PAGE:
Egg Intolerance

What is Egg Intolerance?

If you have an intolerance (defined by YorkTest as a food specific IgG reaction) to egg your body reacts to the protein present in either the white, the yolk or both

If you have egg intolerance, it is advisable to avoid eggs altogether and this includes those from duck, quail and goose which have similar proteins to chicken.

Where to look

There are many products which contain egg, either to bind or to thicken. Being aware of these is important when making changes to optimise your diet. The following list of ingredients can contain egg and should be avoided if you have intolerance:

  • Bread and cakes
  • Pancakes and Yorkshire puddings
  • Quiches
  • Desserts
  • Sauces and spreads
  • Mayonnaise
  • Ice cream
  • Meat products

Other Names

As an ingredient, egg is often given other names which can make it difficult to identify on product packaging so it’s a good idea to familiarise yourself with these. The following names are also used for egg:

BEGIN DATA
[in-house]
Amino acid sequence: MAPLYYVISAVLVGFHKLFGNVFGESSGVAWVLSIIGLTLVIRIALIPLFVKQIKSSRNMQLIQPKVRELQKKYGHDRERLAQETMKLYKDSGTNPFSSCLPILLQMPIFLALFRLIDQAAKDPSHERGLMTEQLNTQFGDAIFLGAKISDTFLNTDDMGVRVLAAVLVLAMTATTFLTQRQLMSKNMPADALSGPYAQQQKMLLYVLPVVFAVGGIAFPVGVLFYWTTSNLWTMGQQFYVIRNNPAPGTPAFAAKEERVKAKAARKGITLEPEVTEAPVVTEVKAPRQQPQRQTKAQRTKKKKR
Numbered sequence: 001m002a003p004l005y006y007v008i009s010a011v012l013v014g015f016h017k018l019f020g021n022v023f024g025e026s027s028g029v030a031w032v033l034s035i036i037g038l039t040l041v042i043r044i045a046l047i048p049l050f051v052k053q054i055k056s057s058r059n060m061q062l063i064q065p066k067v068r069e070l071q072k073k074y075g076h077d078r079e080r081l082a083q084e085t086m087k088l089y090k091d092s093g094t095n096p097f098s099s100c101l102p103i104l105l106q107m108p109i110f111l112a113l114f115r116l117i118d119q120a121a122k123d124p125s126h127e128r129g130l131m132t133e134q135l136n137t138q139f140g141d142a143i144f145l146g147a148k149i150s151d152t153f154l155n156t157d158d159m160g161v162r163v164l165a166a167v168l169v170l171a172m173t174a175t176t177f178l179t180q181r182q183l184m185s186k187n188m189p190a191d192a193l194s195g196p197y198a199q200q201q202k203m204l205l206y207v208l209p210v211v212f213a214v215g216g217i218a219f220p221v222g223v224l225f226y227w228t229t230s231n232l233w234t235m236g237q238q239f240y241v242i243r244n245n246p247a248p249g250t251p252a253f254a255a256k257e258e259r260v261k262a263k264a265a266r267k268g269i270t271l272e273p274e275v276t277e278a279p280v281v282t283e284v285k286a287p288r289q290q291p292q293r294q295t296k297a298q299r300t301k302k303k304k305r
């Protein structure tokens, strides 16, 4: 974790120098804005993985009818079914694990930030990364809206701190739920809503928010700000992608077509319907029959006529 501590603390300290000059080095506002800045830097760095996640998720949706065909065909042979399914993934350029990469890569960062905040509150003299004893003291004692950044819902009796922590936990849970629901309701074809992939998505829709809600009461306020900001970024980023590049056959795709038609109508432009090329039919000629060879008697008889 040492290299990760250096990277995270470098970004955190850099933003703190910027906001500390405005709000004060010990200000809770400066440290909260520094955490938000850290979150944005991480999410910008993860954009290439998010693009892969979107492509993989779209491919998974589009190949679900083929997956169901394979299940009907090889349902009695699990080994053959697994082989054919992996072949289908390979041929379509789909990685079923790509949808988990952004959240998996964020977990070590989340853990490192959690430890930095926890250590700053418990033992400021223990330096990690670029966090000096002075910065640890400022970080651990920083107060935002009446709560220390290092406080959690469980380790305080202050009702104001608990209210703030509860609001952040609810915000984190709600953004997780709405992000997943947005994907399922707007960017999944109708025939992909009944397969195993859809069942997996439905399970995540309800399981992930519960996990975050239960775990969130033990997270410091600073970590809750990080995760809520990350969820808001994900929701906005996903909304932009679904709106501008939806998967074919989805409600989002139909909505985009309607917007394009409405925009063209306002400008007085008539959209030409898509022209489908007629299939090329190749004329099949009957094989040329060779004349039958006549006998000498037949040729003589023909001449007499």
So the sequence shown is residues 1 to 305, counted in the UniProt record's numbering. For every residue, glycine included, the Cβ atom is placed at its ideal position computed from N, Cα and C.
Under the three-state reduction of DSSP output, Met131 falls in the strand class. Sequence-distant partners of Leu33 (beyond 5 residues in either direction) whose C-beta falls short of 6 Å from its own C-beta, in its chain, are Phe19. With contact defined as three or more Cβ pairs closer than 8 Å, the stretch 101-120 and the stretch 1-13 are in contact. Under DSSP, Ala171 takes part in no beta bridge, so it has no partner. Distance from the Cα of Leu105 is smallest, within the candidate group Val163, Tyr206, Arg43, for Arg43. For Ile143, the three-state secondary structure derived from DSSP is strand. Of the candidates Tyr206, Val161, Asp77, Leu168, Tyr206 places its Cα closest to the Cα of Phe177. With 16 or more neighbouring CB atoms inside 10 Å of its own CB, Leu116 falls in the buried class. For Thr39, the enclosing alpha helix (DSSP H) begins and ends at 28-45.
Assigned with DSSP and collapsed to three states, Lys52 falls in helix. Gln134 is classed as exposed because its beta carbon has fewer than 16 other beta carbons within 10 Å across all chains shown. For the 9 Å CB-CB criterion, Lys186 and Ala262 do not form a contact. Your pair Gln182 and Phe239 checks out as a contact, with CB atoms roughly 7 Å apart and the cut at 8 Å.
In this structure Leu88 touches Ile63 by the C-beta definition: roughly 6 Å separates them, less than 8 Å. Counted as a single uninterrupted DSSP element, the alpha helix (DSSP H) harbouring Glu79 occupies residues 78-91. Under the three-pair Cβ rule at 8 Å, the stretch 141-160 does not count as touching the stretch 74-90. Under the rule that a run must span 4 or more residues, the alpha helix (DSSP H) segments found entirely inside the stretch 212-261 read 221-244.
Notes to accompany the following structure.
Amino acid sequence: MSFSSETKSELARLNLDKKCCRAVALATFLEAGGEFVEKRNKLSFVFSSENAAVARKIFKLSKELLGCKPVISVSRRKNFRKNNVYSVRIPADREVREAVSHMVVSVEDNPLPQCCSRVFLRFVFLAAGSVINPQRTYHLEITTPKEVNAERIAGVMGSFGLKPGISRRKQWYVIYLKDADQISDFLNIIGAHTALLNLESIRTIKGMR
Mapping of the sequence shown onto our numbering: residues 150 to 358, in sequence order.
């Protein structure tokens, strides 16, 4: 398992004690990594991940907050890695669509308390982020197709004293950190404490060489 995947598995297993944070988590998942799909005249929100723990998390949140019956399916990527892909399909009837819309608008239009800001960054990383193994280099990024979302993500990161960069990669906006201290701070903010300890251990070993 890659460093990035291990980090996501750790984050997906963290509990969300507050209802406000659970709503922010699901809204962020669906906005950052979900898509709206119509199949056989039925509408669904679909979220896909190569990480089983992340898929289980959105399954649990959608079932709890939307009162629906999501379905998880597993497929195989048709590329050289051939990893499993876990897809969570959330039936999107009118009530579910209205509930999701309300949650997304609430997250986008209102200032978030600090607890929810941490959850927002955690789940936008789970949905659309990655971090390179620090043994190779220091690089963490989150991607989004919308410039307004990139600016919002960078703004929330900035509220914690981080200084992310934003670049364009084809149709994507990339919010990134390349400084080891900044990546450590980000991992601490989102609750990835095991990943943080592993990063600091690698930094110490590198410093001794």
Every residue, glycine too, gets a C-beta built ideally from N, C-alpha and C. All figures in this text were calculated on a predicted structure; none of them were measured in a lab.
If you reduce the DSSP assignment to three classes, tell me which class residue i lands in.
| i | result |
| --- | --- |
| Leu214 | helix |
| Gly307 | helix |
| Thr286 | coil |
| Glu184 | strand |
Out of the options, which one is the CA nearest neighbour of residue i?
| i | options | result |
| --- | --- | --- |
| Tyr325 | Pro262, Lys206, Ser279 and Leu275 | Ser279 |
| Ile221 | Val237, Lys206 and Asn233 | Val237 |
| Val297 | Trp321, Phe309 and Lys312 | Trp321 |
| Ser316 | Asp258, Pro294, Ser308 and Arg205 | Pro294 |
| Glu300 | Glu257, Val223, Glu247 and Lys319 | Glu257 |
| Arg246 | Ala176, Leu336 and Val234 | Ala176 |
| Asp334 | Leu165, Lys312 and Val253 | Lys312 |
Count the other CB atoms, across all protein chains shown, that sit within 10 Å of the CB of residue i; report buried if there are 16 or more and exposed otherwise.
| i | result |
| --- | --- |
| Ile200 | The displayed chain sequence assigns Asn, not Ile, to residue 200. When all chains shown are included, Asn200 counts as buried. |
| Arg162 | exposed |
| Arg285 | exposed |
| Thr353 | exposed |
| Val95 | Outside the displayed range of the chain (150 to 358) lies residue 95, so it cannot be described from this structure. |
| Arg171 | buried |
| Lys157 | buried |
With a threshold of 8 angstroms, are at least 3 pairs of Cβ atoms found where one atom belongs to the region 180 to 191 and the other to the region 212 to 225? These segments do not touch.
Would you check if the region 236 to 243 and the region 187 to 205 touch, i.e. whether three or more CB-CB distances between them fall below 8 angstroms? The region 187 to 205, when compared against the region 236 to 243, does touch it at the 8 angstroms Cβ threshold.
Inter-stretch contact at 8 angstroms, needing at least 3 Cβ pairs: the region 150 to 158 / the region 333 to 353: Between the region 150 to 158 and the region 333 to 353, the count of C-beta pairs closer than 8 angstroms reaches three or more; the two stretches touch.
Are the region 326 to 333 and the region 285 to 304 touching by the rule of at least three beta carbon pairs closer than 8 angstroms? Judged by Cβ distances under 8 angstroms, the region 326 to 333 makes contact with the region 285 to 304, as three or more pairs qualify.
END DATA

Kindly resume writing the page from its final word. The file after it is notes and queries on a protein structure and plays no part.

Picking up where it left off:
• Yolk and egg white
  • Albumin
  • Globulin
  • Lecithin (E322)
  • Egg derived lysozyme (E1105)
  • Ovomucoid
  • Ovovitellin
  • Livetin

Replacements for a balanced diet

1 egg equates to about 15% of the daily requirement for protein and so eggs are important, particularly for those following a vegetarian diet. Eggs are a source of Vitamin A, B, D and E also provide calcium, phosphorus and iron. To ensure a balanced and nutritious diet when omitting eggs, include a varied mix of the following foods:

  • Milk, meat and fish based proteins
  • Beans and legumes
  • Nuts and seeds

When looking to directly replace egg in cooking or baking, there are alternatives which mimic the binding or thickening properties of egg such as:

  • ‘Ogran No Egg’
  • Mashed fruits (binding)
  • Cornstarch (thickening)
  • Avocado

If you have found out that you are intolerant to egg, changing your diet need not be daunting. YorkTest Nutritional Therapists are here to help you understand how to optimise your food choices.

Information provided above regarding Food Intolerance (defined by YorkTest as a food specific IgG reaction) is intended to provide nutritional advice for dietary optimisation. YorkTest recommend that you discuss any medical concerns you have with a GP before undertaking a YorkTest programme.